Standards for a Diversity Leader

Group aims to define the qualities needed in a position becoming more common in higher education.

October 6, 2014
Benjamin Reese Jr.

Assistant provost for diversity. Assistant to the president for institutional diversity and equity. Vice president for inclusion and multicultural engagement. Whatever institutions choose to call them, chief diversity officers are one of the fastest-growing administrative positions. Charged with promoting diversity among faculty and staff in a less compliance-based manner than their equal opportunity counterparts, many of these officers are the first to hold such positions at their colleges and universities -- or are the first to hold such positions as they have been elevated in the college hierarchy.

So while lots of chief diversity officers are highly qualified, the pioneering nature of their work has made for some inconsistency in their backgrounds and how they do the job. But it’s something the profession is working to address, including through forthcoming standards about what makes an effective chief diversity officer.

“We have seen announcements of selections for chief diversity officers in which we’ve failed to see any connection to or background in diversity or equal opportunity,” said Shirley Wilcher, executive director of the American Association for Access, Equity and Diversity (formerly the American Association for Affirmative Action). “If they’re there to simply put a face on one’s diversity policy, then I guess it doesn’t matter what one’s field is."

On the other hand, Wilcher continued, "I would hope that you’d want to select an individual who has some appreciation for the legal context in which they work. As the profession evolves, I hope there will be some standards.”

Such standards are forthcoming. They’re set for publication this December by the National Association for Diversity Officers in Higher Education, which formed in 2006 to help shape the emerging profession. It has continued to grow, with some 30 institutions adding chief diversity officers in the five years leading up to one 2013 study.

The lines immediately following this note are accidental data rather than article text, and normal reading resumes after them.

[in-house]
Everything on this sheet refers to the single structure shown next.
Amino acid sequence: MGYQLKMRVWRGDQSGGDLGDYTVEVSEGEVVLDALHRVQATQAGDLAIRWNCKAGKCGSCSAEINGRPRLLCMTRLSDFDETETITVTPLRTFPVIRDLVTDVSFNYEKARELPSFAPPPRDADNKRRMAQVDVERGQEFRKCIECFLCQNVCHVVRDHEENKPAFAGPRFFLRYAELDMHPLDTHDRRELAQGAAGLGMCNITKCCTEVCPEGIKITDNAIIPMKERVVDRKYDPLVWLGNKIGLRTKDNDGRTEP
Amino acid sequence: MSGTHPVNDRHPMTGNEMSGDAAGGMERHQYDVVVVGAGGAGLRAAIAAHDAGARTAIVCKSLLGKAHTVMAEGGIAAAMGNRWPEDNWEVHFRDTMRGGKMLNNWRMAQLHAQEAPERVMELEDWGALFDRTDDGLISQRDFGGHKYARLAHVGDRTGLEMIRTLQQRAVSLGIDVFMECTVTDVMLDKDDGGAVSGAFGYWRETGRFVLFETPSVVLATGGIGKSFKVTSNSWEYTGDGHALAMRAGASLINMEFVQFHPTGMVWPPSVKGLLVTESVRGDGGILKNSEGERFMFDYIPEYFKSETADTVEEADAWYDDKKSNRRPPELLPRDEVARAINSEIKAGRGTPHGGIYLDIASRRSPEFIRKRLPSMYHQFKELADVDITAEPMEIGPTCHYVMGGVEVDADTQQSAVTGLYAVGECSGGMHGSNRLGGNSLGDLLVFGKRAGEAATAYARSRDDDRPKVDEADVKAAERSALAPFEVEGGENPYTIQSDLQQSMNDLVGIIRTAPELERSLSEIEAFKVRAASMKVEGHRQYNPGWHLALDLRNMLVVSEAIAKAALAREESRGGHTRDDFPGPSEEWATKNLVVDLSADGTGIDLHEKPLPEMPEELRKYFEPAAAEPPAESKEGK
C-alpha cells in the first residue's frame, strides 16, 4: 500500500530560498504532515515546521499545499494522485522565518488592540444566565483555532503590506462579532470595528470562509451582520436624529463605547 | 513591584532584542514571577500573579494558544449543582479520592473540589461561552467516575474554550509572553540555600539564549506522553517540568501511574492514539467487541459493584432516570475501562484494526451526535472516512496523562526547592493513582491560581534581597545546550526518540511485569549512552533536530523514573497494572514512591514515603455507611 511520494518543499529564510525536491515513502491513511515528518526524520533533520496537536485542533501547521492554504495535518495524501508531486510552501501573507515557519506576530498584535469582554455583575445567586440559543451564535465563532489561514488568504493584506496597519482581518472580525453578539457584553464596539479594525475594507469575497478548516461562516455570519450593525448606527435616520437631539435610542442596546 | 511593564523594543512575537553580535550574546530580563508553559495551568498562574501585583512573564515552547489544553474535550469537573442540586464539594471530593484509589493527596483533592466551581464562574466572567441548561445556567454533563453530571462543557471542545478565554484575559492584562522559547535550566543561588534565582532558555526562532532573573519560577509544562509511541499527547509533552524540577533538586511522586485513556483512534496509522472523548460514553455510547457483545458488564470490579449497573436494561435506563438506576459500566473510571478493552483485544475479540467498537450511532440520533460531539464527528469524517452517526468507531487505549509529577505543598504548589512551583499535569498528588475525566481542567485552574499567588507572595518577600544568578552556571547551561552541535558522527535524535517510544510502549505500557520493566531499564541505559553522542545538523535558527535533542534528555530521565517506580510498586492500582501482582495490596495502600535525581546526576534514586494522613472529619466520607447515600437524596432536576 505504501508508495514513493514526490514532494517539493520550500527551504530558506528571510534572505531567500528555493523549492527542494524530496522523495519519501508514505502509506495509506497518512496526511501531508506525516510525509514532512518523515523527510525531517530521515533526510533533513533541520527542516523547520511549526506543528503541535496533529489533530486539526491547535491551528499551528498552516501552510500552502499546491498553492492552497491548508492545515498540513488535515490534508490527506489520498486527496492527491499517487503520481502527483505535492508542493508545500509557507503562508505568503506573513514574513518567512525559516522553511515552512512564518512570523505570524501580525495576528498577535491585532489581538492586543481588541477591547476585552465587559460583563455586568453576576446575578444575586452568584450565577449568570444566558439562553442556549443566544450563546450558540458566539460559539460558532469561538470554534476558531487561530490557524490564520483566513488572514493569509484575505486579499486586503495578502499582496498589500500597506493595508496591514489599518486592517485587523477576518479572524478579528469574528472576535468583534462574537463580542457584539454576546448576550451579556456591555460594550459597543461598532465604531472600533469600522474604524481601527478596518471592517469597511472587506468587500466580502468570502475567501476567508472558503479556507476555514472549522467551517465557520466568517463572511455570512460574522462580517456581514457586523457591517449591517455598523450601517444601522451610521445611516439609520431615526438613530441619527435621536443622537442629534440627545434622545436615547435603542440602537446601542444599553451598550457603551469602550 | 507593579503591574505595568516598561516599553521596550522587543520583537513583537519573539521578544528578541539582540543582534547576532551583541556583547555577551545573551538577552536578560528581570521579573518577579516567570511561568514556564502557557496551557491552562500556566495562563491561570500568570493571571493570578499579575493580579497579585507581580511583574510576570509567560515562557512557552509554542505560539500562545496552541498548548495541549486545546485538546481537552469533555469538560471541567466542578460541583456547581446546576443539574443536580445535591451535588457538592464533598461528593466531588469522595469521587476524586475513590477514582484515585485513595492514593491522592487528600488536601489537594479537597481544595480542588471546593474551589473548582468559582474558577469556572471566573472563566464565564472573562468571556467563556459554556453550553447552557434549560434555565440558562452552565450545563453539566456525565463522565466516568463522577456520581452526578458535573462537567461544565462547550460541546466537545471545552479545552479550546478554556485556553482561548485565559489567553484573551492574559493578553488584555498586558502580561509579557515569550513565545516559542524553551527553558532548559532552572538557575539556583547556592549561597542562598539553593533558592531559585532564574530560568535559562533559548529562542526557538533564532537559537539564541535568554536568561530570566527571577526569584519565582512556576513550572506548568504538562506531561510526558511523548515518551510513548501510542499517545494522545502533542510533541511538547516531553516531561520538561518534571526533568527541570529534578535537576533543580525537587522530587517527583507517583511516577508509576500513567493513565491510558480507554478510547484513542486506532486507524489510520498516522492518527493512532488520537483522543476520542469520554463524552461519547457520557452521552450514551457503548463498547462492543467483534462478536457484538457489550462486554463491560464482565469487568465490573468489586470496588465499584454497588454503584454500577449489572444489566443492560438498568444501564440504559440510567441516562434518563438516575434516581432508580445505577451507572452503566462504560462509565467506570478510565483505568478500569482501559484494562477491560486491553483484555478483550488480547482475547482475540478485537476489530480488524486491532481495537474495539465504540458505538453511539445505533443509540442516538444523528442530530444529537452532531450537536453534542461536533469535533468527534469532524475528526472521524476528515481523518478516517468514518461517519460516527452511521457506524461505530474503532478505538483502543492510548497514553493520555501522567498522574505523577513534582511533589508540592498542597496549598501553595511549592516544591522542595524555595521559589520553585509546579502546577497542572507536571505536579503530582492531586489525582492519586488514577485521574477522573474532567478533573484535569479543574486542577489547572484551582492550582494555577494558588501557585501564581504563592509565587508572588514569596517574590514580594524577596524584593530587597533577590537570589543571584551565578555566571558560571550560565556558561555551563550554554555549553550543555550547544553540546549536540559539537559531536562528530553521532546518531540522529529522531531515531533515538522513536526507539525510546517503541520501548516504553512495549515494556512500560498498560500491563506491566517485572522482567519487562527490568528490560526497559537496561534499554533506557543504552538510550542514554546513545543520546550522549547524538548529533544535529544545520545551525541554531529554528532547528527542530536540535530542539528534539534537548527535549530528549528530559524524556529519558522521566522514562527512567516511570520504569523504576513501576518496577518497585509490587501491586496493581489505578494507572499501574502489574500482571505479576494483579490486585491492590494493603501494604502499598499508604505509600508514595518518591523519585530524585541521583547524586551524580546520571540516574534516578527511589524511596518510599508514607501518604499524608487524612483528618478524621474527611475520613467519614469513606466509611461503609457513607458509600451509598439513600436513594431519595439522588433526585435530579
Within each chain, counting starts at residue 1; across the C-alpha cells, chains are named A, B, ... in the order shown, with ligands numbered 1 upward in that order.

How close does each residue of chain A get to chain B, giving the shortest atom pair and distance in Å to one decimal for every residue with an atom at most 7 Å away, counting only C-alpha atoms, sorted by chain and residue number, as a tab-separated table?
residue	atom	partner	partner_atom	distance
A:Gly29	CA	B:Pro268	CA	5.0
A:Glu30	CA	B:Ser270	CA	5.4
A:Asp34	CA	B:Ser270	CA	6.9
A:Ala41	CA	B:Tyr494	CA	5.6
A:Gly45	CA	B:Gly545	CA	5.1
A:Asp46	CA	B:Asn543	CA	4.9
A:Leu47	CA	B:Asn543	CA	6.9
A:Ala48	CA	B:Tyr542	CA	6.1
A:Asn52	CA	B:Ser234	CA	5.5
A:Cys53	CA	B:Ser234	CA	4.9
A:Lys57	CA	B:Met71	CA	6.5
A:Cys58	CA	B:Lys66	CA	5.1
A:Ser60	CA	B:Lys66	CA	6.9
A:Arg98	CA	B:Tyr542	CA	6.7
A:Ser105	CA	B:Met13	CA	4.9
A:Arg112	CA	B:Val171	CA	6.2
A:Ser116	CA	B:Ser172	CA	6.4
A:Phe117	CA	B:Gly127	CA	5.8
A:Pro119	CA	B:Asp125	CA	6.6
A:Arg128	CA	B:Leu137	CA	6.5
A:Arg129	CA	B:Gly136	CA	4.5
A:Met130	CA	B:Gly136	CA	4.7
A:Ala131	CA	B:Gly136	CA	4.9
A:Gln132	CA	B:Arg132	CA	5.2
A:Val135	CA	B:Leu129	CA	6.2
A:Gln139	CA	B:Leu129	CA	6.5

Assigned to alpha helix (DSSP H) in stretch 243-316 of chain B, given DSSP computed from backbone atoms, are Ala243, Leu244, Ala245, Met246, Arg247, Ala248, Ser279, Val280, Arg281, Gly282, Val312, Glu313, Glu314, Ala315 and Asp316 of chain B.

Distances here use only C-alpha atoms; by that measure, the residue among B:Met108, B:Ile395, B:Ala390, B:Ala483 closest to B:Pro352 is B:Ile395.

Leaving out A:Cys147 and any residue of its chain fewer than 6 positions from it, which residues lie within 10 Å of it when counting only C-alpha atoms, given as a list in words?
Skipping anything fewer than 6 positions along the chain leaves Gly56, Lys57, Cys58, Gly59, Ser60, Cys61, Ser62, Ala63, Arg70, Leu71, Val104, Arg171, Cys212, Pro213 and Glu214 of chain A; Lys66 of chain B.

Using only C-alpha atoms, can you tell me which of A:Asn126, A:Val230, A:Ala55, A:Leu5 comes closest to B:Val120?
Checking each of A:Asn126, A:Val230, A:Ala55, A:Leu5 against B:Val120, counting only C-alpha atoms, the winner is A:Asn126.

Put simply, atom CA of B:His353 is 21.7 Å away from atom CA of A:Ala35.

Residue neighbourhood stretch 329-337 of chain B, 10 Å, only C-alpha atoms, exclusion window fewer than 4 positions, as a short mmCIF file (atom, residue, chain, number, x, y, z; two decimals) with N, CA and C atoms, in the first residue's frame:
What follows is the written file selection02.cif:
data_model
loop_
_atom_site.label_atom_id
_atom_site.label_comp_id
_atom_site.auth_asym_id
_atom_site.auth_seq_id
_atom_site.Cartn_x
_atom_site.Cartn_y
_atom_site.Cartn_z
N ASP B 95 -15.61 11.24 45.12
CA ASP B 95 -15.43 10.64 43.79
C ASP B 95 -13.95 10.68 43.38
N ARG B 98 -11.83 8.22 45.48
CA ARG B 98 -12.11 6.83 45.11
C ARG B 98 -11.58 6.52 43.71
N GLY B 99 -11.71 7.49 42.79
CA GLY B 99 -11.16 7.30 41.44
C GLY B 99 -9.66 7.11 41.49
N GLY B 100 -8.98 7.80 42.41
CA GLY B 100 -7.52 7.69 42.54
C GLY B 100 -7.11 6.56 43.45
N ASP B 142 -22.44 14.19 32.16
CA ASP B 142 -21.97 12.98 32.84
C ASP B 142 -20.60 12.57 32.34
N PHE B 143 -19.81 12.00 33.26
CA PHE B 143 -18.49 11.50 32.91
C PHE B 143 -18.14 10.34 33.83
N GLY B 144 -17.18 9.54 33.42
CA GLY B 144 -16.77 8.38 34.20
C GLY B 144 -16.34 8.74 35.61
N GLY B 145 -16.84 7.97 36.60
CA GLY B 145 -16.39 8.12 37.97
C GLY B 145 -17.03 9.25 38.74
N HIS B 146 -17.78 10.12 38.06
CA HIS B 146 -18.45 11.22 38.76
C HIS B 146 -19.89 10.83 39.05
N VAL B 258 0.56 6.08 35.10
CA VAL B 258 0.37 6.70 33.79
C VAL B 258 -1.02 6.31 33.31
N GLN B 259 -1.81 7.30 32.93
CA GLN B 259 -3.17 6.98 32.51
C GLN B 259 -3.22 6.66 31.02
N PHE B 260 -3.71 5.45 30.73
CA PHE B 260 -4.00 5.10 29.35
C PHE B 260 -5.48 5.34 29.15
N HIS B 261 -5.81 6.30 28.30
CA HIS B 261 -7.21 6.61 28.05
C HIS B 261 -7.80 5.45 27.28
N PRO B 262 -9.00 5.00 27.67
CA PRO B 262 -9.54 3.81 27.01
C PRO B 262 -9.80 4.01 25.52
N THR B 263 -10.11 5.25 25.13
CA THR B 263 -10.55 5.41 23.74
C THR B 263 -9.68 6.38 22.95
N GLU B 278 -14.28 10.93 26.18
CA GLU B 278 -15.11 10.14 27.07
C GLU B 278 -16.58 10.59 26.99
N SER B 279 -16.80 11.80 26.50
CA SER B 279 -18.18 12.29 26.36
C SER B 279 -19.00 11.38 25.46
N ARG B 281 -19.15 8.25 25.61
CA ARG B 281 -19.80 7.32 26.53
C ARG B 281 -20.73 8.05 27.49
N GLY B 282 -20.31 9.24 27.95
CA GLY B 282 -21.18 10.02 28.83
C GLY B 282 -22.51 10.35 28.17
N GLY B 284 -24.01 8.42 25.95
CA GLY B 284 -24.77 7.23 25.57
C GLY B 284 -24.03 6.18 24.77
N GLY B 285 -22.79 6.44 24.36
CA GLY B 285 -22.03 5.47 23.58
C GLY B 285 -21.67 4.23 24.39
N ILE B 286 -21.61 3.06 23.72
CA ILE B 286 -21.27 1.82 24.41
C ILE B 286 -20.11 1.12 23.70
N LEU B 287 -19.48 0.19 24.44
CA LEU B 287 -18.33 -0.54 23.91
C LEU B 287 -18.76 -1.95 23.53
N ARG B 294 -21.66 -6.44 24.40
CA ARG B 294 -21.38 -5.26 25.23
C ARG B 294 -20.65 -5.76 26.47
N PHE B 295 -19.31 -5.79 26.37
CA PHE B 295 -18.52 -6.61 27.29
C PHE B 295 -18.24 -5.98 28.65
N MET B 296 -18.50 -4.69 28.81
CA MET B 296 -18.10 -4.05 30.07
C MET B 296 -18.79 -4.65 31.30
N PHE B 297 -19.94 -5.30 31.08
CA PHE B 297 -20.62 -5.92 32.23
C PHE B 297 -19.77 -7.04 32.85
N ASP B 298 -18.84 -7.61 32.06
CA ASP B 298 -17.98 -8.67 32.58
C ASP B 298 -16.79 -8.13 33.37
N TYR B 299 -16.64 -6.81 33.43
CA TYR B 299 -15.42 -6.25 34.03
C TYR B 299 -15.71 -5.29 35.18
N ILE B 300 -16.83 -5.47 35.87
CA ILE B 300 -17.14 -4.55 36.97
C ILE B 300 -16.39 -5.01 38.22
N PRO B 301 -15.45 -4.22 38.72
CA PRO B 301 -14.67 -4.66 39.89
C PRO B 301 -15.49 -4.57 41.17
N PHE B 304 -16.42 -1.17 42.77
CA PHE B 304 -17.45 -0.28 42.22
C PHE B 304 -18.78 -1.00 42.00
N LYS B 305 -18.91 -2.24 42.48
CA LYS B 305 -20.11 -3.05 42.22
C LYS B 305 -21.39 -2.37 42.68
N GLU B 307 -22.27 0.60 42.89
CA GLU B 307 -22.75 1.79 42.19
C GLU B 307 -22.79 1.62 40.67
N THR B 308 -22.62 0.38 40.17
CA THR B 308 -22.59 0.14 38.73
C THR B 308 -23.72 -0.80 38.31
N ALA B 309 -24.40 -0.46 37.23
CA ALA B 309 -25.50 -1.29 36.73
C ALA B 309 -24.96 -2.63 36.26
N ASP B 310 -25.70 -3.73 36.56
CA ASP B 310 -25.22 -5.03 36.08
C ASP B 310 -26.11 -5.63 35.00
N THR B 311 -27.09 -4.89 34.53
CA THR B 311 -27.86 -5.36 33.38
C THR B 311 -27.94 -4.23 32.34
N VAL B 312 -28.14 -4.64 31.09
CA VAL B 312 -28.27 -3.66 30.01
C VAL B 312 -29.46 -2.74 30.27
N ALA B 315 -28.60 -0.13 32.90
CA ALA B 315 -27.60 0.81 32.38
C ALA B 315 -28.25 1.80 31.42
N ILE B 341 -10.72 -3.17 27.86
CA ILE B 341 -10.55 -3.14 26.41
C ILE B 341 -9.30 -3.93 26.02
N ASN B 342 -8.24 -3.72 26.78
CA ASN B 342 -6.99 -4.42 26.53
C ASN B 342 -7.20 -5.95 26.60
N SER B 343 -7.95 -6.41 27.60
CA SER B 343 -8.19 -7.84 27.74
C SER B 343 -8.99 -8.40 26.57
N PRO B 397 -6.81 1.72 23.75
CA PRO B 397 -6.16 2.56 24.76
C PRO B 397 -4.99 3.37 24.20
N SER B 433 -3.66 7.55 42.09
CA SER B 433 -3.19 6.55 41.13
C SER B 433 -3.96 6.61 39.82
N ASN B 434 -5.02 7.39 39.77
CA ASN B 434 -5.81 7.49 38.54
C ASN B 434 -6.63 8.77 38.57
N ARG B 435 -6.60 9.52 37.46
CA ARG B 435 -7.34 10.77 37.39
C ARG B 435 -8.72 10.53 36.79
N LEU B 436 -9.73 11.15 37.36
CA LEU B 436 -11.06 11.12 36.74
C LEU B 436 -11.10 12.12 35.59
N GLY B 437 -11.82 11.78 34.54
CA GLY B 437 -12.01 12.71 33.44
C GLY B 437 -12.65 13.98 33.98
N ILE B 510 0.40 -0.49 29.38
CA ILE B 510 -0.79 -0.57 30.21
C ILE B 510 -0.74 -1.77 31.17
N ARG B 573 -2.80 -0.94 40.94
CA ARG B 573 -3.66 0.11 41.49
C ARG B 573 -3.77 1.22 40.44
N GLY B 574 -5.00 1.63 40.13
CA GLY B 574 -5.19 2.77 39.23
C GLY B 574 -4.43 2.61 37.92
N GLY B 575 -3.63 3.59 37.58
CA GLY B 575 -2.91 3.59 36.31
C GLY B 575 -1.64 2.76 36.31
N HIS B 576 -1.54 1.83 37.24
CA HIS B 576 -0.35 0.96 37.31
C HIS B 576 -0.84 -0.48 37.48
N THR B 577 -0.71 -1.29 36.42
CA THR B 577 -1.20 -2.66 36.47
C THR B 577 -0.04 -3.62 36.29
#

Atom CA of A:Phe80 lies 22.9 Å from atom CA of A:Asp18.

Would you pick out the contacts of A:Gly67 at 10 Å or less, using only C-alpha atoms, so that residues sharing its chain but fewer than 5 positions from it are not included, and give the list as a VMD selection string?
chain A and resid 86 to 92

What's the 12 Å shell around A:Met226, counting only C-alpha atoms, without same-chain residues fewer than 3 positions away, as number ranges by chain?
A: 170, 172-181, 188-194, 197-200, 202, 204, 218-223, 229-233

Benjamin Reese Jr., vice president and chief diversity officer at Duke University, and president of the national diversity officers’ association, didn’t share details but said the forthcoming standards will address “areas of knowledge and skills that are important to the role.” A code of professional ethics is also planned. In addition to those documents, the national organization recently launched a fellows program to help mentor early-career chief diversity officers. Both current fellows have strong backgrounds in diversity and inclusion in the academy.

Reese said it was his sense “that today’s [chief diversity officers] are even more knowledgeable than a decade ago.” He said many chief diversity officers have Ph.D.s in higher education administration, and others have social science degrees. Others still have law degrees and have worked in higher education compliance or diversity offices.

But the job itself remains somewhat inconsistent. While many chief diversity officers have full-time, cabinet-level positions, others wear the title on top of another, primary role – or several. Some chief diversity officers are also equal opportunity officers, charged with enforcing and/or reporting on their colleges’ diversity plans and relevant antidiscrimination employment laws. Some are also human resources officers. Others still are coordinators for Title IX of the Education Amendments of 1972, or work in admissions, or any combination of the above.

That can be problematic. Critics say that having one person be in charge of all diversity functions – both enforcement and proactive promotion – makes the chief diversity role that of a police officer instead of one who promotes positive change. And critics says that housing diversity officers in human resources or admissions separates them from the faculty they should be working among, and saddles them with too much work to be effective.